Raining hell on Falluja is a tactic bursting with political danger. So why do it? The answer, according to Newhouse's David Wood, is because thin-skinned American Humvees can't handle an up-close fight."A shortage of armored combat vehicles in Iraq is pressing U.S. forces into a cruel dilemma: either advance stealthily on foot, or hold up at a city's outskirts and use artillery, mortars and airstrikes," Wood writes.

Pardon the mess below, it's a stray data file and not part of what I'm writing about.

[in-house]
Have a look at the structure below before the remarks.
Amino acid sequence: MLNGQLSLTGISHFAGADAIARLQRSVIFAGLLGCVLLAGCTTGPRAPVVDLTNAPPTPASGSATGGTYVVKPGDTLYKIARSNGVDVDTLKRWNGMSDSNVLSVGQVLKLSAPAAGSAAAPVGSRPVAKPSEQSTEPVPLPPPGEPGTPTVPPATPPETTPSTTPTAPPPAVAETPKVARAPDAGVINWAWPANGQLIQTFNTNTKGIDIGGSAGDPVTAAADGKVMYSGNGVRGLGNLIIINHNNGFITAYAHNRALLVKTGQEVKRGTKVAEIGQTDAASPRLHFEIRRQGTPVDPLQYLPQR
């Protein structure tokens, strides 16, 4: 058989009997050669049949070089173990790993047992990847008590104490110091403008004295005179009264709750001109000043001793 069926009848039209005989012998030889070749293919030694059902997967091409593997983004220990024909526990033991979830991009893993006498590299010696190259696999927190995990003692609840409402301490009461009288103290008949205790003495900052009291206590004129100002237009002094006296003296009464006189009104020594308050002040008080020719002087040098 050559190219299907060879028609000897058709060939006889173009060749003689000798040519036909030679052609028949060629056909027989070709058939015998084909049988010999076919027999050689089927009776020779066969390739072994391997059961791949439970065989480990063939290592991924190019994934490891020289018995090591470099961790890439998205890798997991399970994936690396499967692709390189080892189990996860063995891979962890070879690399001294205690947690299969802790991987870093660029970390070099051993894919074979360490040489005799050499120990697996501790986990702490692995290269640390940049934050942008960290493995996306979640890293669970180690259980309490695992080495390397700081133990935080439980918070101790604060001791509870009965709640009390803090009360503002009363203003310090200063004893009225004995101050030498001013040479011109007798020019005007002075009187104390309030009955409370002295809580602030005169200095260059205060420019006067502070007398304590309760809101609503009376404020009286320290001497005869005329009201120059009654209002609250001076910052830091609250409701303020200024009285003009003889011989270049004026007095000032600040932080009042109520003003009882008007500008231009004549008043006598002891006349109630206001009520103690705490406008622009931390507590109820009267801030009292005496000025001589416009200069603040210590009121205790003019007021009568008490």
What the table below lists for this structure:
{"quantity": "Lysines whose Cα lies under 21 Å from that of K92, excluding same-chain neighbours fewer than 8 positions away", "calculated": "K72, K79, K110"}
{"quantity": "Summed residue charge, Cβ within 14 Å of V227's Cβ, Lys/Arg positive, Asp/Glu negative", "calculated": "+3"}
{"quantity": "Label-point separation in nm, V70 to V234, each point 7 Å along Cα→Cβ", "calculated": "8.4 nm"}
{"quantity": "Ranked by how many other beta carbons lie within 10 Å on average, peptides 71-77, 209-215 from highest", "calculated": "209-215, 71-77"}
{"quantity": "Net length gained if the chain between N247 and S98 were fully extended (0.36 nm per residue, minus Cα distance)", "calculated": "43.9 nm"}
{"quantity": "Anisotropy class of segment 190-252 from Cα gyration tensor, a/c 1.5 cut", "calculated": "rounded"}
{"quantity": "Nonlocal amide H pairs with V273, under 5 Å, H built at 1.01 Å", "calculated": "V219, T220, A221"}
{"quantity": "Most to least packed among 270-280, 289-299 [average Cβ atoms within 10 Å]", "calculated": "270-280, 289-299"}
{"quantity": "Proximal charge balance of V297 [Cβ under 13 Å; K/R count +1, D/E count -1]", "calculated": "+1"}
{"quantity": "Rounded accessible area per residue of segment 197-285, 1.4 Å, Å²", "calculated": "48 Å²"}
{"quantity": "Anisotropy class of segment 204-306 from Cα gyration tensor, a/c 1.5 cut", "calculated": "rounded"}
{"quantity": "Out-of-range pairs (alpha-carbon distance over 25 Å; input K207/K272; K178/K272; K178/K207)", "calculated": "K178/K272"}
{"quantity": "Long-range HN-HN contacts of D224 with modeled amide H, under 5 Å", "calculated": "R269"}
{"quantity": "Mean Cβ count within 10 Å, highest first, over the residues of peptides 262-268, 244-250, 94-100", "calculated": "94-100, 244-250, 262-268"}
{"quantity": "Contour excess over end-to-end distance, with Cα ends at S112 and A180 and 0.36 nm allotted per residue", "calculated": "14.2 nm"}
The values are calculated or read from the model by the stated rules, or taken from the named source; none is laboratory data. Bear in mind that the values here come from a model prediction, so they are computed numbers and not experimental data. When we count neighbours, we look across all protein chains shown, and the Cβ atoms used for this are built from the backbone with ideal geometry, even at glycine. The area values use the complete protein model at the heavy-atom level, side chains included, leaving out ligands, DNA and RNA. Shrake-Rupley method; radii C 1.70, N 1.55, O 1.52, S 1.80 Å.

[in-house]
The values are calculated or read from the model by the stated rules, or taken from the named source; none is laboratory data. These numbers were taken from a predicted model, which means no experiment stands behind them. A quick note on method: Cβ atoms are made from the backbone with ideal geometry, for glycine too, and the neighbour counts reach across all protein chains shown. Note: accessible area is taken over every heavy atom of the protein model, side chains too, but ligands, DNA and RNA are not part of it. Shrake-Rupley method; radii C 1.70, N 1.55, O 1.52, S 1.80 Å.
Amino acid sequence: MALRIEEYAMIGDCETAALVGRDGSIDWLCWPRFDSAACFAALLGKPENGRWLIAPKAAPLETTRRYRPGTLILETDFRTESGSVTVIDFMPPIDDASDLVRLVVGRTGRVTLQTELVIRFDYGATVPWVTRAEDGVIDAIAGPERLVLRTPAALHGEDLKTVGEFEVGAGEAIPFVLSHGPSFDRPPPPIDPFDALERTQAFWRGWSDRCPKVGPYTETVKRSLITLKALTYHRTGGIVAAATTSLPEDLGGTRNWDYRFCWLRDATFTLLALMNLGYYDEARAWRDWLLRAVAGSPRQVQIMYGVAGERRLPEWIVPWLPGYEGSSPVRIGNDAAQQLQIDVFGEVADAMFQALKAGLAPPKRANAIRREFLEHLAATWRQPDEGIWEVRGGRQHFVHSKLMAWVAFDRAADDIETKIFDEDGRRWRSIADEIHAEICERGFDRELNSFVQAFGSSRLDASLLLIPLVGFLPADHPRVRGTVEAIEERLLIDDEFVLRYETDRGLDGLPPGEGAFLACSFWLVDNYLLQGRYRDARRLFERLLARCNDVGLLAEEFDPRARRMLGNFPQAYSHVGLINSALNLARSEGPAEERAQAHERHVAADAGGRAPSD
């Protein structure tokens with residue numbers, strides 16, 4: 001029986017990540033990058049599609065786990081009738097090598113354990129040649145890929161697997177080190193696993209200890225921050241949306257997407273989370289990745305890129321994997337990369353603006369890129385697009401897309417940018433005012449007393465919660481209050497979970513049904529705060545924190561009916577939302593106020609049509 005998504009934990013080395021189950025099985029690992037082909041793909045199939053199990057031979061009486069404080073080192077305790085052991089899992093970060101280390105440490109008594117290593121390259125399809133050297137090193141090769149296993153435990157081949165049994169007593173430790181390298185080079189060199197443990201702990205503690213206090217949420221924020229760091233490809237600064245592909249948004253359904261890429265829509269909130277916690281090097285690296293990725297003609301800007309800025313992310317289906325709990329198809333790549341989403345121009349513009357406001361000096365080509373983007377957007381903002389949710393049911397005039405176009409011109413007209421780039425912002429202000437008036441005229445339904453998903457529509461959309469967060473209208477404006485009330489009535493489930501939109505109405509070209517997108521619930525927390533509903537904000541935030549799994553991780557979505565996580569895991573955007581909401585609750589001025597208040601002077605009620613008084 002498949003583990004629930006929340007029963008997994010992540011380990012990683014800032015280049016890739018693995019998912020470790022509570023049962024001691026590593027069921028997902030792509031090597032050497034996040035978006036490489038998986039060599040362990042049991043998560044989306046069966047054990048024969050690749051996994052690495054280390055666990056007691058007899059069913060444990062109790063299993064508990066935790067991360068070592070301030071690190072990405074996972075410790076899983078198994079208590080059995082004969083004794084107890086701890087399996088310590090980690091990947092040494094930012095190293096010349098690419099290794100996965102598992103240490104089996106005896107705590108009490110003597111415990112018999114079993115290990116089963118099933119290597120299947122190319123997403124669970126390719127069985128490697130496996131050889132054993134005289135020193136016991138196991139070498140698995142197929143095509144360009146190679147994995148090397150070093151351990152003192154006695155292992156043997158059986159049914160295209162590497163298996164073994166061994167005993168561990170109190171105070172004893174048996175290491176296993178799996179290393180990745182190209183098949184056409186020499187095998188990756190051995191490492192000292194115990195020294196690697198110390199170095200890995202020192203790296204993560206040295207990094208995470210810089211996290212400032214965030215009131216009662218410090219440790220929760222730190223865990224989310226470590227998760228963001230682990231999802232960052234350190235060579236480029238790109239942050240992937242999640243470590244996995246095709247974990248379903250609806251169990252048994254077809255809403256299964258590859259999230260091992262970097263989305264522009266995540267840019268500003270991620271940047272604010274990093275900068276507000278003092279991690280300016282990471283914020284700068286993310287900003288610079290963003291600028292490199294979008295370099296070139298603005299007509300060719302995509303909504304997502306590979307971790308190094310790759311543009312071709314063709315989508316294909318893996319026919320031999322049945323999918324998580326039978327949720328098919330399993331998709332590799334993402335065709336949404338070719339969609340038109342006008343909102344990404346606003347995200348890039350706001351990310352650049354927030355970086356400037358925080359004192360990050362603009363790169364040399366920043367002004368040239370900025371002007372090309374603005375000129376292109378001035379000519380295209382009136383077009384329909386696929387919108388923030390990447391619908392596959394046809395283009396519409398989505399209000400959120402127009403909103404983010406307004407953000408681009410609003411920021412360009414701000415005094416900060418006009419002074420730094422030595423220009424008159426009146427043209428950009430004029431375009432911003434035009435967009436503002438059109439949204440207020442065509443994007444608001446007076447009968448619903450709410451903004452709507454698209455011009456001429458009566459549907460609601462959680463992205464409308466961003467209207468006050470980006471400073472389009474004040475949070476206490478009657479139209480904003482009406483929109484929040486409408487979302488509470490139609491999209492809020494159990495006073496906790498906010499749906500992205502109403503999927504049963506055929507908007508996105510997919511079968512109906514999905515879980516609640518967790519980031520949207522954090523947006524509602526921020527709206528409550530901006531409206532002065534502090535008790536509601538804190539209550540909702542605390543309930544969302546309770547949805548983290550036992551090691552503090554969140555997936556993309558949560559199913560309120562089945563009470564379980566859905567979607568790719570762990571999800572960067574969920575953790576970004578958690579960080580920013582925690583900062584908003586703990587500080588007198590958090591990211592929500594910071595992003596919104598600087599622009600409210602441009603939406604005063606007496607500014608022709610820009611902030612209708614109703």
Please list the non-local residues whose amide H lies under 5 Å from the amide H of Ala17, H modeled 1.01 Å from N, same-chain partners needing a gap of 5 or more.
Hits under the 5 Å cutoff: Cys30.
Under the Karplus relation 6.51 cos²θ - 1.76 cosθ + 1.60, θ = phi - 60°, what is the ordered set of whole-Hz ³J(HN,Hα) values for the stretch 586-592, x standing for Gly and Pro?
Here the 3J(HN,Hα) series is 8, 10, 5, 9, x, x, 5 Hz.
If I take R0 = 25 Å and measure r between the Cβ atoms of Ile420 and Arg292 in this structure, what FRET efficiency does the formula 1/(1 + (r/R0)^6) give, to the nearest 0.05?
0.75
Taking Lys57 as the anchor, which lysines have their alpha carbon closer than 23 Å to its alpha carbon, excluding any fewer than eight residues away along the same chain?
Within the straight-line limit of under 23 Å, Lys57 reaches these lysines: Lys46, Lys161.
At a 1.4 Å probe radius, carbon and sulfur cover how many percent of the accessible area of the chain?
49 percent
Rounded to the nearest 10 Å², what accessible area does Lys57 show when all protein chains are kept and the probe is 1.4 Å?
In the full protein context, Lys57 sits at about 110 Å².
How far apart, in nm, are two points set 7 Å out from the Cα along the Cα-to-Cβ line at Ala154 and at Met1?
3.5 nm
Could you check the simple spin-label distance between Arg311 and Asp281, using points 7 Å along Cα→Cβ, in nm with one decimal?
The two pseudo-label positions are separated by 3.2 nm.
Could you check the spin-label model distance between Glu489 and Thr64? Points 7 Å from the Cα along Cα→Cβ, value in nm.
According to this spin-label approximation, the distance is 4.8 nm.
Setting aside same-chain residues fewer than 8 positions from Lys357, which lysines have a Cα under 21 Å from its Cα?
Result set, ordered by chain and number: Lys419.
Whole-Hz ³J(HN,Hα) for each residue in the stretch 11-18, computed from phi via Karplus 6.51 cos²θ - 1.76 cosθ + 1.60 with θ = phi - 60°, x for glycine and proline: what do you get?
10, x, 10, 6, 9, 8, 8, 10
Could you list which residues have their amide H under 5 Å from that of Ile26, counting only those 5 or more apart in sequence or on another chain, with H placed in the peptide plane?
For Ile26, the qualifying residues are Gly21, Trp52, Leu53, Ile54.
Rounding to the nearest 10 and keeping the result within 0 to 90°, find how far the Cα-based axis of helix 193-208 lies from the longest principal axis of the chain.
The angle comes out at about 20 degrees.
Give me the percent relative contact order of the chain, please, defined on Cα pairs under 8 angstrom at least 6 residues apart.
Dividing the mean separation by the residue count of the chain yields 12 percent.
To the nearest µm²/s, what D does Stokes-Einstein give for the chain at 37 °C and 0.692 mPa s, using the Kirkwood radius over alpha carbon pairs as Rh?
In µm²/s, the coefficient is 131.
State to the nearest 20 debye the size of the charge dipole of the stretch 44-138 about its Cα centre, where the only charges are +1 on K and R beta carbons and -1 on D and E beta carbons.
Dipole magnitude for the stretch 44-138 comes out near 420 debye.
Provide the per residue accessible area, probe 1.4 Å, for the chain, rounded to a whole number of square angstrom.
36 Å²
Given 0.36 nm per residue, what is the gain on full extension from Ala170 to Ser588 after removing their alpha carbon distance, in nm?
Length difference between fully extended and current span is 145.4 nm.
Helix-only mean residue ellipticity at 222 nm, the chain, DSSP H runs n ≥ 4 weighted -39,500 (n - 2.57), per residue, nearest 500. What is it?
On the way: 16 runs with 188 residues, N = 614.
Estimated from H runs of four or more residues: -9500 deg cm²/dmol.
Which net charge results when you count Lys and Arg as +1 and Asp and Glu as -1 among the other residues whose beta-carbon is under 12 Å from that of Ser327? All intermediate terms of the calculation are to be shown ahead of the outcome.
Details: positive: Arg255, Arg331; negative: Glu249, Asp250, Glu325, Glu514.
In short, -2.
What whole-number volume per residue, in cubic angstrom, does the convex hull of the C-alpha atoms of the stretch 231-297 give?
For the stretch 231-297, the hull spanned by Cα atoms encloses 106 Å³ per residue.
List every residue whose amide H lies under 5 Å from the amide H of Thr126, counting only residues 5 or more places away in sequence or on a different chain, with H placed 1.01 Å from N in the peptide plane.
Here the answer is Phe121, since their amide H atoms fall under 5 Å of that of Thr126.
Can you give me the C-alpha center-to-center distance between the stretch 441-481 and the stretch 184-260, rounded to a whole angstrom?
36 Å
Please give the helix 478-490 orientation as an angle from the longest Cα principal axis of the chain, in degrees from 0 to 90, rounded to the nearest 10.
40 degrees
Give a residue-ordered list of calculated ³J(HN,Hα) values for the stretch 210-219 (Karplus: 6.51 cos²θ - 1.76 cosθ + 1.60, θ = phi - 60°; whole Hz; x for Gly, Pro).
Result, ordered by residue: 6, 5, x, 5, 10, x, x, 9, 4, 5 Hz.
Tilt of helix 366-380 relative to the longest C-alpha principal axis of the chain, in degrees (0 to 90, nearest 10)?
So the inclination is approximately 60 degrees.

"Using bombs and AC-130s is a strategic defeat," given the political repercussions, said Kenneth Brower, a weapons designer and consultant to the U.S. and Israeli military. "But we've had to use them."In contrast, Israel has developed special armored vehicles for urban combat in Gaza and the West Bank, senior Israeli officers said, enabling them to drive up close to the enemy and use pinpoint weapons. Soldiers ride into Palestinian neighborhoods in tanks with turrets replaced by armored boxes with bulletproof glass, which allow the vehicle commanders to see 360 degrees without exposing themselves to fire.American tanks and infantry fighting vehicles, like the Bradley, have notoriously restricted vision when hatches are closed. In city streets, they must operate with crewmen exposed in open hatches or be flanked by walking infantrymen to protect against side attack."We have a whole spectrum of vehicles that enable you to see where you are going and who shoots at you, without being hit," said a senior Israeli officer who recently commanded a brigade in Gaza."This enables you to advance inside the city and to get closer" to the enemy, said the officer, who spoke on condition that he not be identified by name. "As far as I can recall we have never used indirect fire in 3 1/2 years in the West Bank and Gaza."
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